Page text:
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Buehrle Picks Sox Up Off the Mat

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The White Sox needed a big performance from one of their starters to get back on track. Mark Buehrle gave them just that Wednesday night at The Cell, snapping a 3-game losing streak overall and a 7-game skid against the Blue Jays.

It was oddly reminiscent of a start just a month ago against the Red Sox when Buehrle helped erase the memories of 4-game sweep/massacre that succinctly defined the 2007 season. The Sox jumped out to an early lead and Buerhle held 'em scoreless until turning it over to the pen late.

The offensive tone was set early in this game, when Jim Thome and AJ Pierzynski each came up with a rare hit with a runner in scoring position. The Sox entered the game with just 3 hits with RISP in their first 6 games against the Jays this season. By games end, the Sox had added 5 more, an offensive explosion. Pierzynski also came up with another one, a 2-run double to start the scoring in the Sox 3-run 6th.

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It wasn't a pretty lineup that Ozzie ran out there, but, at least for one night, it was effective. As somebody pointed out, it looked a little too much like a 2007 line-up without Konerko, Quentin, Crede and General Soreness. But Dewayne Wise, Jerry Owens and Brian Anderson were each productive in their own way. Owens turned his speed into an infield hit and a stolen base, which didn't amount to any runs on the scoreboard, but really came through in a big way with a squeeze bunt* to plate--yeah, I'm using it as a verb again--the Sox 5th run of the game. Anderson, who replaced Owens when the Jays turned to lefty reliever, came through with a 2-out RBI single, which didn't seem that big at the time.

But when Bobby Jenks started throwing batting practice, that run would loom large. Jenks showed maybe the best curveball we've seen from him early in his extended outing, but after he used it to punch out Gregg Zaun leading off the inning, he reverted to mostly fastballs. The Blue Jays were not fooled. Thanfully, he was able to find his slider when Alex Rios strolled to the plate with the tying run just 90 feet from home. It would have been a demoralizing loss if the Sox couldn't hold on to a 5-0 lead after 7.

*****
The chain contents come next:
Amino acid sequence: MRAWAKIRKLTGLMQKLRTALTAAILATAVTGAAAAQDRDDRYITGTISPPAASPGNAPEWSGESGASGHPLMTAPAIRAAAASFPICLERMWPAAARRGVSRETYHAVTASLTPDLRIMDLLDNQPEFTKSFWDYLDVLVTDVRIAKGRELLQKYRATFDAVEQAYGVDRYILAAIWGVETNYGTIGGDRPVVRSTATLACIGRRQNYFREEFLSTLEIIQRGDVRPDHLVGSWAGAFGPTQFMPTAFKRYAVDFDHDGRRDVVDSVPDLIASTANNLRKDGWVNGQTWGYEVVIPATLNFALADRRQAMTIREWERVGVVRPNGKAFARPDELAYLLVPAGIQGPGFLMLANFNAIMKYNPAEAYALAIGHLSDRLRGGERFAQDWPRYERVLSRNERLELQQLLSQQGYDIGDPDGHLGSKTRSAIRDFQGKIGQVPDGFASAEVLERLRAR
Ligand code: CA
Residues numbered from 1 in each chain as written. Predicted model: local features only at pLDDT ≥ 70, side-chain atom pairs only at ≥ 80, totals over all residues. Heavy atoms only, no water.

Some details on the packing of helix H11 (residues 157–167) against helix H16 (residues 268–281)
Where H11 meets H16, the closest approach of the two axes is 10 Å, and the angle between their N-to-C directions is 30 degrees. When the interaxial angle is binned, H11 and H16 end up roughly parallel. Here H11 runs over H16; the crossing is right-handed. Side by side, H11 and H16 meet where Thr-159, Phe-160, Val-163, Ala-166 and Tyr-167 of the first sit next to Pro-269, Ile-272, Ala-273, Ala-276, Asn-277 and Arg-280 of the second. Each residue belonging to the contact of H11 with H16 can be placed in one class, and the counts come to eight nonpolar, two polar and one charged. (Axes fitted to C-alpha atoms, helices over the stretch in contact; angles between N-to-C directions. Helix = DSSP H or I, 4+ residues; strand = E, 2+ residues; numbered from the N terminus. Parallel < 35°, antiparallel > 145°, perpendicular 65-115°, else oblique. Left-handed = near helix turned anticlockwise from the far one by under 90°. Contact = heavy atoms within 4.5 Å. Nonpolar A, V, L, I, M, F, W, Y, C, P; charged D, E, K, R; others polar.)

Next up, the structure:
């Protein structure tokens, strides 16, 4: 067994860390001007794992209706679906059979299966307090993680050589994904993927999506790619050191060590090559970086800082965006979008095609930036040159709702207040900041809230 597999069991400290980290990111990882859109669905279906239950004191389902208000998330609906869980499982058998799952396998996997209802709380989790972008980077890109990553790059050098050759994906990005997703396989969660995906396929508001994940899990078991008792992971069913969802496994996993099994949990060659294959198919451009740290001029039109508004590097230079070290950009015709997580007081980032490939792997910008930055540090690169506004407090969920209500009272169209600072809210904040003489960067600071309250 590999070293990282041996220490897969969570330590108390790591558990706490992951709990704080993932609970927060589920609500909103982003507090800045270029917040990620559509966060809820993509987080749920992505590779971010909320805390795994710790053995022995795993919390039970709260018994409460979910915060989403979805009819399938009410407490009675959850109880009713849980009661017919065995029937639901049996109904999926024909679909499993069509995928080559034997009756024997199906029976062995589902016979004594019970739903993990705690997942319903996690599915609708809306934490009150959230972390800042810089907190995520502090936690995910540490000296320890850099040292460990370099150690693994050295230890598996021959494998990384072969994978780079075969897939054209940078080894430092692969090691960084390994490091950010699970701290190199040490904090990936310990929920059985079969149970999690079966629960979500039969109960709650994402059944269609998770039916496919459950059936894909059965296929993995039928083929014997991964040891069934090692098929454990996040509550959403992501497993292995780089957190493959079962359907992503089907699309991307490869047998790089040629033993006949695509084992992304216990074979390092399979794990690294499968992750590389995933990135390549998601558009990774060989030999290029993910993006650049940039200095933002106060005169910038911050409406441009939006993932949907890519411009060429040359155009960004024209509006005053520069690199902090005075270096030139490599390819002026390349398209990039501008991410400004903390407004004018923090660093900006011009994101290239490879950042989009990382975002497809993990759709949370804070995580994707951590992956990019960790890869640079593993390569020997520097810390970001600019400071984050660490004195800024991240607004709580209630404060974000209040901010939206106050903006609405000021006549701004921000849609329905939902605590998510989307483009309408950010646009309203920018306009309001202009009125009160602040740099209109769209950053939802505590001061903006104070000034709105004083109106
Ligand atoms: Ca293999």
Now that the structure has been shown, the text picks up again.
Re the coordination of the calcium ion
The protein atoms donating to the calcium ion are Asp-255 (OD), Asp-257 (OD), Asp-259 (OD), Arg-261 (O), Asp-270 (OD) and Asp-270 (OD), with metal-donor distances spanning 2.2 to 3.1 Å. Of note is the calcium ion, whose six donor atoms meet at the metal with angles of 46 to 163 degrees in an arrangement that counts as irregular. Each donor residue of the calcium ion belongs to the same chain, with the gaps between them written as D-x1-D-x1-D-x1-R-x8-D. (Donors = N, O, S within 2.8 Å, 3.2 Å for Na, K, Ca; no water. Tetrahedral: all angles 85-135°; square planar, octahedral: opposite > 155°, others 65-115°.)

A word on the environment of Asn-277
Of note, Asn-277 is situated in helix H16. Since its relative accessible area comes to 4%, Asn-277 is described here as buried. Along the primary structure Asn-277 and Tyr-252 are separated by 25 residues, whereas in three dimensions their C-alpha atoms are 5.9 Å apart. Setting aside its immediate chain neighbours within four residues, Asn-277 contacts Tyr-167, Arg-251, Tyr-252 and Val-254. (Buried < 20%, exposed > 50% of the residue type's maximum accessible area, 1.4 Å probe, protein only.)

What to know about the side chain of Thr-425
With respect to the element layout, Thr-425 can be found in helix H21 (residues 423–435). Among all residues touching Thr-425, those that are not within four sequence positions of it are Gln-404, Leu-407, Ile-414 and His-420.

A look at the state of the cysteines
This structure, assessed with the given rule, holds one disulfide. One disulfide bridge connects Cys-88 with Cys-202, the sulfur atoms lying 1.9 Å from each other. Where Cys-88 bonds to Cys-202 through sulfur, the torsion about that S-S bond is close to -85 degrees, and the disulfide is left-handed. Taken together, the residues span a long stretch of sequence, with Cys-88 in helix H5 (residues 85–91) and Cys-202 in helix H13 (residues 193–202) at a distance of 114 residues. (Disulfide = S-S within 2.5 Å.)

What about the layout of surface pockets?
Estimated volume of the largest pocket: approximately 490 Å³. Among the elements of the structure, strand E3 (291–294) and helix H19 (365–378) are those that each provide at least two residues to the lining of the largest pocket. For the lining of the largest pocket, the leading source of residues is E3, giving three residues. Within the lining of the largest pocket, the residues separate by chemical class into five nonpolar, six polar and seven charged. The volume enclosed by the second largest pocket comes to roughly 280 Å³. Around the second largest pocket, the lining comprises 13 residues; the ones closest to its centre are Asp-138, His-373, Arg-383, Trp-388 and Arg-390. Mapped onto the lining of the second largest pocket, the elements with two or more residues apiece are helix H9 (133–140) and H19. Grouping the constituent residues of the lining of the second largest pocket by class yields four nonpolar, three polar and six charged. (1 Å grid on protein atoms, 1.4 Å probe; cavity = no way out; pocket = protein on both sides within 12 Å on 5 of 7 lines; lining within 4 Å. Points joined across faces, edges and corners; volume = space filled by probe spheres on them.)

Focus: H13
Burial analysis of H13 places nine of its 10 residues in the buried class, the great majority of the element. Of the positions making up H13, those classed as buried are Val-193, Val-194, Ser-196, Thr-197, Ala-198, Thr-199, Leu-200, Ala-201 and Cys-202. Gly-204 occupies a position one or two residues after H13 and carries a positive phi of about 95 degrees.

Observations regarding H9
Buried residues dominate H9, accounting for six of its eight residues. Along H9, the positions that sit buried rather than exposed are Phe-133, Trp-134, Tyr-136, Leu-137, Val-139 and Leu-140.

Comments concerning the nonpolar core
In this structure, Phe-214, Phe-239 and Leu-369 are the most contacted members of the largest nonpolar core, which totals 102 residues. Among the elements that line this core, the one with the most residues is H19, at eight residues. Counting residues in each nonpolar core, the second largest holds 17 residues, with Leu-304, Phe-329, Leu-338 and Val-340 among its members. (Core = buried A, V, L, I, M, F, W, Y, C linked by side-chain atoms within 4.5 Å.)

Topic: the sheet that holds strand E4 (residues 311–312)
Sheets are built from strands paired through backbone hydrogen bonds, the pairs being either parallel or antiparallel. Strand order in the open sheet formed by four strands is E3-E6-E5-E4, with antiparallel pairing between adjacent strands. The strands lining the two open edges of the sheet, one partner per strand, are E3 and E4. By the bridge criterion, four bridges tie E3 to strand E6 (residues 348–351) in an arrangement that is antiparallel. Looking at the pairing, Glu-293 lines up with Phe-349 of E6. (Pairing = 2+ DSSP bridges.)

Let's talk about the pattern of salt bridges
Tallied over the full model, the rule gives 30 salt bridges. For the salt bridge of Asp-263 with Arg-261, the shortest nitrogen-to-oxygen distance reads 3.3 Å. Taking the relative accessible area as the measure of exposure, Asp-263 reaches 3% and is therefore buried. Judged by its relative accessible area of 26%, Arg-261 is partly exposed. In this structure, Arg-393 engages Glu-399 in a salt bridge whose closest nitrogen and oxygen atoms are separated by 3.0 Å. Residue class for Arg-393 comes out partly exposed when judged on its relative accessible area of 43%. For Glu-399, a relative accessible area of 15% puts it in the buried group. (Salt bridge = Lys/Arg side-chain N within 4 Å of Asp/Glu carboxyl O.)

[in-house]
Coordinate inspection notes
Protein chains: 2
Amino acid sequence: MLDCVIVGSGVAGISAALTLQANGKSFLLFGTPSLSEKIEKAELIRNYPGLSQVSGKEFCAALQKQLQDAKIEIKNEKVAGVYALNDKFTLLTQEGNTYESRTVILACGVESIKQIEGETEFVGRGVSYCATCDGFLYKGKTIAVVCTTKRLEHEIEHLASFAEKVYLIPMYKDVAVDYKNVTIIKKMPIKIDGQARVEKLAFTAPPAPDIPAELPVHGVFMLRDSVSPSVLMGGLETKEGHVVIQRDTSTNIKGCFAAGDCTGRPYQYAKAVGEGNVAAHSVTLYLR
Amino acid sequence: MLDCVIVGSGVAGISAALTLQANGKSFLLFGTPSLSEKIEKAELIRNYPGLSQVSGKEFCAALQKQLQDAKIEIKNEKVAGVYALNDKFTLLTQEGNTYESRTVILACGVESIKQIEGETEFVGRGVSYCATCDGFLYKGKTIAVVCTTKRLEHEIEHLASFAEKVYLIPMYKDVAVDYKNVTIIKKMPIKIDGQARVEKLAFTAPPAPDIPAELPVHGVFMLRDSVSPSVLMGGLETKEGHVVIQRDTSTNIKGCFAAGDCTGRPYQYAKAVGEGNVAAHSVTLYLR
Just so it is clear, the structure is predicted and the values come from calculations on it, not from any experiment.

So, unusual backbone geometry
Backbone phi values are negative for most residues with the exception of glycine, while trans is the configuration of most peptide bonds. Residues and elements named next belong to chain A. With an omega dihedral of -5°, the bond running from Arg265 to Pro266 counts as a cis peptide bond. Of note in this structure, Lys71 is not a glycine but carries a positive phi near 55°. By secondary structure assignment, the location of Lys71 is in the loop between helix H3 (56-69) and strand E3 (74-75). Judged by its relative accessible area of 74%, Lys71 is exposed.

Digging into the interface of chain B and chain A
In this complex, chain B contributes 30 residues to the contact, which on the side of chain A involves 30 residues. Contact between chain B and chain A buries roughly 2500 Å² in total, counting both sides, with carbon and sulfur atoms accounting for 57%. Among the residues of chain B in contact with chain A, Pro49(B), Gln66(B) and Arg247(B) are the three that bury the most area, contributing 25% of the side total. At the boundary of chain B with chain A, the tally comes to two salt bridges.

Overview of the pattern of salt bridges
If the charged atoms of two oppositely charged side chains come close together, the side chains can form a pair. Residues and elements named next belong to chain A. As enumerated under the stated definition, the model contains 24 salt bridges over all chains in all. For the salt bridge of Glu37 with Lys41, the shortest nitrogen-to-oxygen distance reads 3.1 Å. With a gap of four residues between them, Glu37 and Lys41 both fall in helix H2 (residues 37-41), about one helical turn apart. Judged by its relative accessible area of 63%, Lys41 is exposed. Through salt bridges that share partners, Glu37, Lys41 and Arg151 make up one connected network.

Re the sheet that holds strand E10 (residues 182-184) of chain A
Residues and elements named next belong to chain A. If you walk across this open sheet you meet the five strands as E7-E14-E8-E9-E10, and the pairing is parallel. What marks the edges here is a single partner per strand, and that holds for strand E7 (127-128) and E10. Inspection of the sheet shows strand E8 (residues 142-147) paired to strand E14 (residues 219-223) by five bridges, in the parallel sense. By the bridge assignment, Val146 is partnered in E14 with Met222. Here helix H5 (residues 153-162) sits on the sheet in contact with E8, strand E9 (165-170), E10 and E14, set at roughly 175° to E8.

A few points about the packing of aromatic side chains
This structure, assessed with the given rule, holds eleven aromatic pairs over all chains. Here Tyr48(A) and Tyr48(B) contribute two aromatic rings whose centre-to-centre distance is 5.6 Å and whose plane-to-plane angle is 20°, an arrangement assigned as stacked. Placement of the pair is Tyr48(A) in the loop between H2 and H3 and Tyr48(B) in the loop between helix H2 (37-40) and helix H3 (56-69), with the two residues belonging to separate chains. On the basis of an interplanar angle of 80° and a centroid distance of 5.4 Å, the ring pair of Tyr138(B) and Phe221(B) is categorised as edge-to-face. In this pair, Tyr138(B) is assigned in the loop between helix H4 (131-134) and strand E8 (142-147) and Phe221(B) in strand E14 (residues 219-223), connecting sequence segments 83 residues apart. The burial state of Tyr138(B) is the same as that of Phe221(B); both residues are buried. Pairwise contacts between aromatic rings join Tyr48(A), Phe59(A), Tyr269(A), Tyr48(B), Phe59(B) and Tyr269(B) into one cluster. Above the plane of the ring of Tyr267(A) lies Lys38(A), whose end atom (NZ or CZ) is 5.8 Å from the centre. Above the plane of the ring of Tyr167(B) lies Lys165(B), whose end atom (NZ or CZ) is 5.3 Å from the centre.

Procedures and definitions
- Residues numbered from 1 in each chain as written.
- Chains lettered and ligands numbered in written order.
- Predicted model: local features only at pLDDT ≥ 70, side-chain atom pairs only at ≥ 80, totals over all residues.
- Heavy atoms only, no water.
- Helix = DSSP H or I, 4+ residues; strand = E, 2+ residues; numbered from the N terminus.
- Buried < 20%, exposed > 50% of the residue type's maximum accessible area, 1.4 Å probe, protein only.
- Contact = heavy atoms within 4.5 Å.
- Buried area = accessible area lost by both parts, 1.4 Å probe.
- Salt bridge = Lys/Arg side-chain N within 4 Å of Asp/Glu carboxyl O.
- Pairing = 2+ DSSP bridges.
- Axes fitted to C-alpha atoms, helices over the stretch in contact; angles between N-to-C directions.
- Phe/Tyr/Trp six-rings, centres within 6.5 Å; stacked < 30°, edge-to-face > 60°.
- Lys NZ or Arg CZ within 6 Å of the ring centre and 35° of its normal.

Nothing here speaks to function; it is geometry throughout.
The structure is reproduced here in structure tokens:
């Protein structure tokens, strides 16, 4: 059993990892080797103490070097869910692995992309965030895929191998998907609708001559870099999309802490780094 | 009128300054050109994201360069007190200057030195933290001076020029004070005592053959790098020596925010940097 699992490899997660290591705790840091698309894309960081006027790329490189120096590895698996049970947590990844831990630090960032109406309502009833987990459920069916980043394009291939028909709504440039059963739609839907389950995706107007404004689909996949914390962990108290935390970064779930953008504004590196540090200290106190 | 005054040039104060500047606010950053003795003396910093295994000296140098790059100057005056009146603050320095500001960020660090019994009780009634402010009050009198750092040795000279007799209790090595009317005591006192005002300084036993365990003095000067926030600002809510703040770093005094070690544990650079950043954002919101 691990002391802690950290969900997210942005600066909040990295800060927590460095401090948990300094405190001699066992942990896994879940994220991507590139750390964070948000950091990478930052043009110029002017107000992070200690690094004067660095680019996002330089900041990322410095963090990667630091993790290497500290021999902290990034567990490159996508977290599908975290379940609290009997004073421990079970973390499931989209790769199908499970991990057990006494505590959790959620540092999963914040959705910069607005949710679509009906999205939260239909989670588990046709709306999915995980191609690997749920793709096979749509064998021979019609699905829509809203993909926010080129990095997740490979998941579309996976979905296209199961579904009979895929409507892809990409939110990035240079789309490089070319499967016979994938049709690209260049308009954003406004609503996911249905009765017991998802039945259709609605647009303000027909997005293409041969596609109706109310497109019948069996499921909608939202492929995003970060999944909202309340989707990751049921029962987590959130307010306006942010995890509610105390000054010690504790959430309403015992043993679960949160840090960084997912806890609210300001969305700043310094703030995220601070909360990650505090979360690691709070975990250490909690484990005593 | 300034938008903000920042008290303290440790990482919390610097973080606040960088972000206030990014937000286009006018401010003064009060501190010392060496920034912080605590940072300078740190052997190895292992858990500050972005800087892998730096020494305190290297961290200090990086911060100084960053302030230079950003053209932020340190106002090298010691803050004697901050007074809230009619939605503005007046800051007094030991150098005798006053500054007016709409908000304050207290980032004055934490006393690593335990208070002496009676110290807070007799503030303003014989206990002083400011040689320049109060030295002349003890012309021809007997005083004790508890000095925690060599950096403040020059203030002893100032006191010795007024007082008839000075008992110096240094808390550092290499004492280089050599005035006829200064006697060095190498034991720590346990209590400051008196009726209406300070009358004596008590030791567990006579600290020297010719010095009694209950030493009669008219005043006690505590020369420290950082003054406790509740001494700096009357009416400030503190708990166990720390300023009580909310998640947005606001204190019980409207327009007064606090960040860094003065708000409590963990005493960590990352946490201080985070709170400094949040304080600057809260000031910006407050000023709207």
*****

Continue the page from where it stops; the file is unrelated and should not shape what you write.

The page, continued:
It was a big win, maybe the biggest of the season. I don't think that's the last time I'll be trotting out that cliche. But when you've got a one game lead on the division, every win is your biggest win until the magic number, or conversely, the tragic number, reaches zero.

* I'm a huge fan of the squeeze bunt. It's easily my favorite play in baseball. But the Sox aren't exactly equipped with the type of lineup that can be counted on to get a bunt down in a situation like that. I think their only attempt of the season was Anderson's failed attempt in the three-month long game. Of course, as I write this Big Papi lays down a sacrifice bunt--he wasn't even trying to beat the shift--in the bottom of the 12th inning.

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This afternoon, Joe Cowley twittered that Javier Vazquez would be starting on short rest Saturday, with Lance Broadway--oh, joy--getting the start on Sunday. Vazquez has previously started on short rest twice in his career, with the last time coming during his stellar first half in New York. Broadway is getting the start over Clayton Richard because Ozzie wanted to throw a right-handed pitcher against a Detroit team that ranks among the best in baseball against lefties.

One is left to wonder--those of us prone to wondering, that is--why not throw Vazquez on regular rest with Broadway going on Saturday? Though I now see that's exactly how it's listed on the ChiSox.com probable starters, so Ozzie may have changed his mind, or Cowley misunderstood him (easy to do), or ChiSox.com is wrong (all possibilities). I'll take the wait and see approach until we get confirmation one way or the other.

[Update by The Cheat, 09/10/08 11:56 PM CDT ]: The Daily Herald's Scott Gregor is confirmation enough for me. Looks like Vazquez will start on Saturday, though he doesn't really explain why. Does Vazquez get one extra start, the 5th starter one less, this way? I don't really want to go through the trouble of counting it all out.